Note- this edition of the Phoenix is printed in four columns only.
A treaty of perpetual friendship, cession, and limits, entered into by John H. Eaton for and in behalf of the Government of the United States and the Mingoes Chiefs, Captains, and Warriors of the Choctaw Nation begun and held at Dancing Rabbit Creek on the 15th September, in the year 1830.
Whereas the general assembly of the State of Mississippi has extended the laws of said State on persons and property within the chartered limits of the same; and the President of the United States says he cannot protect the Choctaw people from the operation of these laws; now therefore that the Choctaws may live under their own laws in peace with the United States and the State of Mississippi, they have determined to sell their lands East of the Mississippi River, and have agreed to the following articles.
Perpetual peace and friendship is pledged by and between the United States, and the Mingoes Chiefs Warriors and Captains of the Choctaw Nation of red people, and that this may be considered the only treaty between the parties all other treaties are hereby declared null and void.
The United States under a grant specially to be made by the President of the United States, shall cause to be conveyed to the Choctaw Nation a tract of country west of the Mississippi River. Beginning near Fort Smith where the Arkansas boundary crosses the Arkansas River, running thence to the source of the Canadian fork, if in the limits of the United States, or those limits; Thence due South to Red River and down Red River to the west boundary of the territory of Arkansas; thence North along that line to the beginning--The boundary of the same to be agreeable to the treaty made and concluded at Washington City in the year 1825. The grant to be executed so soon as the present treaty shall be ratified.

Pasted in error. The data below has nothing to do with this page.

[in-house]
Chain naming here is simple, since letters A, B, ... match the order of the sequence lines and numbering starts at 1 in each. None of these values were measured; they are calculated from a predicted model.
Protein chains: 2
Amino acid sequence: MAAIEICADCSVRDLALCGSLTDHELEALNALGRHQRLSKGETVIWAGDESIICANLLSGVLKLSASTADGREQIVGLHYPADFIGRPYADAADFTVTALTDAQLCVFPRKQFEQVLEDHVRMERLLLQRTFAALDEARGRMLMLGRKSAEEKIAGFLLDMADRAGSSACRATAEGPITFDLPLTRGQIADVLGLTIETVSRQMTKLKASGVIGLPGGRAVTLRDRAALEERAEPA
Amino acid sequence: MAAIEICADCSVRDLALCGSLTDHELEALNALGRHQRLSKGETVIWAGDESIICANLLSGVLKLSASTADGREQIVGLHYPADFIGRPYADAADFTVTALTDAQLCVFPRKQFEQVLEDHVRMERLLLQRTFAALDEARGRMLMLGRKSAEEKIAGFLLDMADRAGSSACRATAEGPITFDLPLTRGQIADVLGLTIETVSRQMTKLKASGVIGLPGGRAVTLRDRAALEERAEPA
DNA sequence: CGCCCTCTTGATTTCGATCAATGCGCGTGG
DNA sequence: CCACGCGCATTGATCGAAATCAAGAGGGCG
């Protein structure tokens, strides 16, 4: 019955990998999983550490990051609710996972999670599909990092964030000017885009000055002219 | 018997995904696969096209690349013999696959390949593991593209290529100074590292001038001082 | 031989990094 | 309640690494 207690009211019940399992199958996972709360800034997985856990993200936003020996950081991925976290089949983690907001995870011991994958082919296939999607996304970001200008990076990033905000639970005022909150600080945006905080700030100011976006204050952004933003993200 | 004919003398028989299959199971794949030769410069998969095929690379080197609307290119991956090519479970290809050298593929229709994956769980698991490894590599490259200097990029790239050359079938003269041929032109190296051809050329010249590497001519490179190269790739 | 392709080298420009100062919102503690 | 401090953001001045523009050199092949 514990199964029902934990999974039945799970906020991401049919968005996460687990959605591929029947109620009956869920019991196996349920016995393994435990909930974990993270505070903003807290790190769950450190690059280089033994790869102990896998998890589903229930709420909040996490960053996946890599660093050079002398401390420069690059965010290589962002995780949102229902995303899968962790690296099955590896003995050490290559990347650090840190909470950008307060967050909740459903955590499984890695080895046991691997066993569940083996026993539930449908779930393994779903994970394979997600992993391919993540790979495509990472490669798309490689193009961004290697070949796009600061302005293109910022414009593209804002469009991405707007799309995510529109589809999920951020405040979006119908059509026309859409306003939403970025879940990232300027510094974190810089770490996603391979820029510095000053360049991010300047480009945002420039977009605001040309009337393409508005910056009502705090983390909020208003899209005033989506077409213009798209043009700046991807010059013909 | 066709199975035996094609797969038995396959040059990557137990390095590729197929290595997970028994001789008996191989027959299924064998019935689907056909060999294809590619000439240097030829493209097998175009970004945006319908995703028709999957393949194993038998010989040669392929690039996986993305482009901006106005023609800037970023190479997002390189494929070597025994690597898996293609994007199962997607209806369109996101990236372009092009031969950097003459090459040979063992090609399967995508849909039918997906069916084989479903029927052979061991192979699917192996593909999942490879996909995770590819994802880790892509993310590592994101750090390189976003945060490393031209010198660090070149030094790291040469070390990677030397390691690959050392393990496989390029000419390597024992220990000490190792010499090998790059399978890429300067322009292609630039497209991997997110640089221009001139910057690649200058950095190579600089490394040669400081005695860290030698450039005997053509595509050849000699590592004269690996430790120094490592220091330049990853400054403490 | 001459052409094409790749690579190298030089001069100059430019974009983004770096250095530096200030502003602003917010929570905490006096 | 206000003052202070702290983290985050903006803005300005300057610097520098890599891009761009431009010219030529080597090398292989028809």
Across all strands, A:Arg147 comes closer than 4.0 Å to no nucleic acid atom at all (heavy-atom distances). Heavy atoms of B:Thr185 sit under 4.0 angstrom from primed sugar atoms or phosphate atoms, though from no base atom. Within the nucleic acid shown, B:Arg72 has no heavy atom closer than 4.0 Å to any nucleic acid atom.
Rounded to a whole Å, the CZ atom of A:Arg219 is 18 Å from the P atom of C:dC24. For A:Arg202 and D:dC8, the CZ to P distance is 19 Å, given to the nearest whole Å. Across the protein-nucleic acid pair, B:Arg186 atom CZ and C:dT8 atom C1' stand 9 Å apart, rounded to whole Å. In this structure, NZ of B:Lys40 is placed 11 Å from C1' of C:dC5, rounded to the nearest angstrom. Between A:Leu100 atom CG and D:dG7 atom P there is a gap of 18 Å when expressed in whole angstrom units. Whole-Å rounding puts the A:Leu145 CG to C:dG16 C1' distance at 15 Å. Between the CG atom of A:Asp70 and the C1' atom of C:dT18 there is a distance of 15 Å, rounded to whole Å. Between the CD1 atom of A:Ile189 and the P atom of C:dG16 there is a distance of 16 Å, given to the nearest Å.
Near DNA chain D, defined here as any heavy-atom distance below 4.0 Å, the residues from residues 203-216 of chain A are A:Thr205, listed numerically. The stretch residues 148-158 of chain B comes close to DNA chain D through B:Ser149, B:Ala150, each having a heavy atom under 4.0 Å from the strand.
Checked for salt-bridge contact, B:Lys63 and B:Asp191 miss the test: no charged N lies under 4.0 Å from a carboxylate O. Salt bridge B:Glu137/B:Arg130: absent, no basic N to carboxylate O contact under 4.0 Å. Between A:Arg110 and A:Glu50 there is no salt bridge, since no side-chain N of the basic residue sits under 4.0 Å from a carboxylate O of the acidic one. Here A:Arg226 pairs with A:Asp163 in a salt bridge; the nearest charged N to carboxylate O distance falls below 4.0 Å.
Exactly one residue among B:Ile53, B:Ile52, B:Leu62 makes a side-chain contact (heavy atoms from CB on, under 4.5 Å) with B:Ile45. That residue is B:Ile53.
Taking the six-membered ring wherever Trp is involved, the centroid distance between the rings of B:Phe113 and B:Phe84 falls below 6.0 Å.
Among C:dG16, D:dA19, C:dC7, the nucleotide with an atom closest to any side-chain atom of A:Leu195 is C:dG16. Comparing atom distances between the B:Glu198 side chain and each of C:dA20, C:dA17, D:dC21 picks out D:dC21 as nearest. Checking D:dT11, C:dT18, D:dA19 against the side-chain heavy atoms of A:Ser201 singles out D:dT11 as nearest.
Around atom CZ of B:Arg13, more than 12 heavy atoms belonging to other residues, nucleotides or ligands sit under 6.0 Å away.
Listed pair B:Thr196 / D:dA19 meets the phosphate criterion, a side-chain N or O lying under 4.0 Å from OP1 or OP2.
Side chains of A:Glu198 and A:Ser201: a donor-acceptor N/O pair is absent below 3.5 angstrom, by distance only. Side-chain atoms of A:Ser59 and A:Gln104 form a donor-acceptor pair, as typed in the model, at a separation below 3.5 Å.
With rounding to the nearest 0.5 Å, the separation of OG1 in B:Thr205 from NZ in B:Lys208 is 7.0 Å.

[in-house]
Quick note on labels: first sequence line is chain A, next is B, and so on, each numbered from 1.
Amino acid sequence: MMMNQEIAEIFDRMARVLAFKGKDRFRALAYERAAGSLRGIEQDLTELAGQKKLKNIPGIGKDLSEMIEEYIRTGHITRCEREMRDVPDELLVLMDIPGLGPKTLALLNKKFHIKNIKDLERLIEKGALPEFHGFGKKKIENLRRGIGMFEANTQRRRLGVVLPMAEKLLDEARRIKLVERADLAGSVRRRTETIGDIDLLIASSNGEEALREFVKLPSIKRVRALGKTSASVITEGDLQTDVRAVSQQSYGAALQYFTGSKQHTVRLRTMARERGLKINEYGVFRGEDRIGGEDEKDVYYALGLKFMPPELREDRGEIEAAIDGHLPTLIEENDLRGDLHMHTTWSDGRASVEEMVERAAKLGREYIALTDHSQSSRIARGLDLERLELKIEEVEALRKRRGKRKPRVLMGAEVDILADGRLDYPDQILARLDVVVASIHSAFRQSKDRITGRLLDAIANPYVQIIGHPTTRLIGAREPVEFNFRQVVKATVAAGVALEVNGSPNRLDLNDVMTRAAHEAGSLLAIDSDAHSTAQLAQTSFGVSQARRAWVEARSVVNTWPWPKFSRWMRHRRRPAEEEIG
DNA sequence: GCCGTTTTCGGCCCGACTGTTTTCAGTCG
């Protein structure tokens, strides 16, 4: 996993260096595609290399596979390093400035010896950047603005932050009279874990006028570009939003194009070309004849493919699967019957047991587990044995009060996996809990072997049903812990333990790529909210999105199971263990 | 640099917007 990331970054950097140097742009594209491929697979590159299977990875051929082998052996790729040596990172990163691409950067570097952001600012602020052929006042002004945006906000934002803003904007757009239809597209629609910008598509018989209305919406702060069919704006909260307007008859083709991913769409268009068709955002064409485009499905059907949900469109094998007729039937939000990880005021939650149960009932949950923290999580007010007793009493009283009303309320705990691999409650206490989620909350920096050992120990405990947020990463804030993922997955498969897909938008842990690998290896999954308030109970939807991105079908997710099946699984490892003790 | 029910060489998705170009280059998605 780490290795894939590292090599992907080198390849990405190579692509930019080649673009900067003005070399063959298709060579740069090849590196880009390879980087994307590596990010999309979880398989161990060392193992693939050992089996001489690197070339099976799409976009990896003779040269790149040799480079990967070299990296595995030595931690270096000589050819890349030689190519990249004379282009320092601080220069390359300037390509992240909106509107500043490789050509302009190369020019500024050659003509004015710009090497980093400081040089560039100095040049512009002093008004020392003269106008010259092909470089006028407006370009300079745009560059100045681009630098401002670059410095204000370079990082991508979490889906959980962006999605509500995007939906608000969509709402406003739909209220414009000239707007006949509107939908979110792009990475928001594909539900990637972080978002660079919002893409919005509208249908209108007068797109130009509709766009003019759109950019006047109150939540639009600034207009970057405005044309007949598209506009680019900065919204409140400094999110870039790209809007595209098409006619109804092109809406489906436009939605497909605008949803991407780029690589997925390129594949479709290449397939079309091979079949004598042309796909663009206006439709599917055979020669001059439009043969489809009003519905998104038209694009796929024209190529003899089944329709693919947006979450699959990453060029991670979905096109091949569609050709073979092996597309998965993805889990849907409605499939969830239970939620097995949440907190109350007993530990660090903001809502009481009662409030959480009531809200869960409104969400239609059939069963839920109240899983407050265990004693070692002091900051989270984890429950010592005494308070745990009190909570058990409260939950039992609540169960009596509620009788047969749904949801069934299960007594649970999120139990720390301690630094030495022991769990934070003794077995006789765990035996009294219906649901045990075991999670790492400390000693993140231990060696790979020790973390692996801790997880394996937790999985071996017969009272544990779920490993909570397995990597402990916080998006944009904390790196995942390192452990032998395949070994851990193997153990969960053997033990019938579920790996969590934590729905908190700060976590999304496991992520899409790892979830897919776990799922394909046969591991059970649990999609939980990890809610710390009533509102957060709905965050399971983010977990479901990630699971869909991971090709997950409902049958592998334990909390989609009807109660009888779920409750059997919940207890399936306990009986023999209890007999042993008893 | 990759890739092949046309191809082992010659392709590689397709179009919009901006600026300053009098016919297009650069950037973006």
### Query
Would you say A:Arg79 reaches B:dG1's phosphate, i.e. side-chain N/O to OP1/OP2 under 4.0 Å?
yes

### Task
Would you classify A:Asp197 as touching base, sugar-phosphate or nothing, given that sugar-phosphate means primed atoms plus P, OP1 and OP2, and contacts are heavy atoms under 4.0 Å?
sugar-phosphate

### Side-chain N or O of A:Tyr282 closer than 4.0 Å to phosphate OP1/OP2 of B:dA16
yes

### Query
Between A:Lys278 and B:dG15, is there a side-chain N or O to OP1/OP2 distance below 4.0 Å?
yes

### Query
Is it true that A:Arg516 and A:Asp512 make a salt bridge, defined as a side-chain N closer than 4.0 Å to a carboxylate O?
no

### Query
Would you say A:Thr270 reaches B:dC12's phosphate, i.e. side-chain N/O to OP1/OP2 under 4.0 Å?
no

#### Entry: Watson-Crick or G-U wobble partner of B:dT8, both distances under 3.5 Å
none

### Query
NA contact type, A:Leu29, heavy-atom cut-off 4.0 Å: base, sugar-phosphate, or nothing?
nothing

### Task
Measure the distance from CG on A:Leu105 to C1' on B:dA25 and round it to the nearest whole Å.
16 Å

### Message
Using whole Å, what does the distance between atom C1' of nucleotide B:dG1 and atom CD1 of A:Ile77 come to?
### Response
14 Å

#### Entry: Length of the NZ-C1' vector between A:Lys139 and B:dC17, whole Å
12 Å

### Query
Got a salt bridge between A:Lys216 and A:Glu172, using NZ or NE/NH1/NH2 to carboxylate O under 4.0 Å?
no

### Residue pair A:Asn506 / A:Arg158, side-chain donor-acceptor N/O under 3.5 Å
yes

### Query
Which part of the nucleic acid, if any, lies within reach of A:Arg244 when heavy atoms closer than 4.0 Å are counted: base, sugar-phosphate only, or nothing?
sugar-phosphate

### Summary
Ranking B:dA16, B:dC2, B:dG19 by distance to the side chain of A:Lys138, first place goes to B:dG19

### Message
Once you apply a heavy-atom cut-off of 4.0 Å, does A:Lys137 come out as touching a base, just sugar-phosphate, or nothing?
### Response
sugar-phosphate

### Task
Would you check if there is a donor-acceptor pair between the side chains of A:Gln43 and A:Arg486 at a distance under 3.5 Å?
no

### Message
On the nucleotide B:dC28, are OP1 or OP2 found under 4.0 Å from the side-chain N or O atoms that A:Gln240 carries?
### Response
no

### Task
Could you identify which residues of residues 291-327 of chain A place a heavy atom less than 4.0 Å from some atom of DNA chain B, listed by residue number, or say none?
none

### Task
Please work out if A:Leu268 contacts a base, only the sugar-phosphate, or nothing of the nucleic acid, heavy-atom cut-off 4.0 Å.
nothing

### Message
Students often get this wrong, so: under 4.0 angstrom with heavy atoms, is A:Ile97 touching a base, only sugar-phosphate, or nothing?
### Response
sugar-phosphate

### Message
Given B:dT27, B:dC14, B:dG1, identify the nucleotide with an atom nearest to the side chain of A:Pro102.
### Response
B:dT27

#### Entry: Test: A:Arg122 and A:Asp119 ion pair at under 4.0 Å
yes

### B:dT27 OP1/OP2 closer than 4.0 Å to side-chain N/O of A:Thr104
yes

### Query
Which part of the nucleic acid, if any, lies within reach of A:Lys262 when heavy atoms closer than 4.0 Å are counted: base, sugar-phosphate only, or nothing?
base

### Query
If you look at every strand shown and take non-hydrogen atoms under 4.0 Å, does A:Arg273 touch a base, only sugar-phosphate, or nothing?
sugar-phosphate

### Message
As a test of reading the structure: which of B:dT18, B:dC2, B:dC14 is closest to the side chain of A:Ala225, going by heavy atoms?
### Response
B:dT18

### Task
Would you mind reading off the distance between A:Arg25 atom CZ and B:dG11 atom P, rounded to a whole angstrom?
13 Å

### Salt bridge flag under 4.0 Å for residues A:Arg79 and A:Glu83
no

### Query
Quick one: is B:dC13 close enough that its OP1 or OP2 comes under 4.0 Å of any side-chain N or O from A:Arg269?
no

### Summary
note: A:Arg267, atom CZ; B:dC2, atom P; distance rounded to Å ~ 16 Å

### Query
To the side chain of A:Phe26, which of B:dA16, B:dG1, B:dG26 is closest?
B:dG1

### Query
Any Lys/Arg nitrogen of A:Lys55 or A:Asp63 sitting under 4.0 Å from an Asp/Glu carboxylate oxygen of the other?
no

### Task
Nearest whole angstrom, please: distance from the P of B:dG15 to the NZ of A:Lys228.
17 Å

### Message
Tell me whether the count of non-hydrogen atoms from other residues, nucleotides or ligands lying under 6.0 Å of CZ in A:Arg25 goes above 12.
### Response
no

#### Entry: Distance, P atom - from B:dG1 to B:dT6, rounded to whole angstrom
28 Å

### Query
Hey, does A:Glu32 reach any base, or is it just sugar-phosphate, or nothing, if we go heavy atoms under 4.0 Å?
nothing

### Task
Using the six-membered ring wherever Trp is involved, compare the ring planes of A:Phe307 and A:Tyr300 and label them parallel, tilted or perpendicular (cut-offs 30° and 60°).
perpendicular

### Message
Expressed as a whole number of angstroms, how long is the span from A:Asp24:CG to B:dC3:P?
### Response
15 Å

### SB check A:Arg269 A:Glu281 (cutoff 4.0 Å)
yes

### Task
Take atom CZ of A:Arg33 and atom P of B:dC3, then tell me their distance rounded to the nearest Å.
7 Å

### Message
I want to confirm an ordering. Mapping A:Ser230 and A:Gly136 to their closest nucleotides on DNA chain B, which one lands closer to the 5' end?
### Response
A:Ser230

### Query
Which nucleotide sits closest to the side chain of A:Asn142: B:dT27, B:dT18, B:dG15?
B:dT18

In consideration of the provisions contained in the several articles of this treaty, the Choctaw Nation of Indians consent and hereby cede to the United States the entire country they own and possess east of the Mississippi River, and they agree to remove beyond the Mississippi River as early as practicable, and will so arrange their removal that as many as possible of their people not exceeding one half of the whole number, shall depart during the falls 1831 and 1832, the residue to follow during the fall of 1833, a better opportunity will in this manner be afforded the government to extend to them the facility and comforts which it is desirable should be extended in conveying them to their new homes.
The government and people of the United States are hereby obliged to secure to the said Choctaw Nation of red people the jurisdiction and government of all the persons and property that may be within their limits west; so that no territory or state shall ever have a right to pass laws for the government of the Choctaw Nation of red people and their descendants; and that no part of the laws granted them shall ever be enforced in any territory or state; but the United States shall forever secure said nation from and against all laws except such as may from time to time be enacted in their own national councils not inconsistent with the constitution treaties and laws of the United States and except such as may and have been enacted by congress to the extent that Congress under the constitution is required to exercise a legislation over Indian affairs--But the Choctaws should this treaty be ratified, express a wish that Congress should grant to the Choctaws the right of punishing by their own laws any white man who shall come into the Nation and infringe any of their national regulations.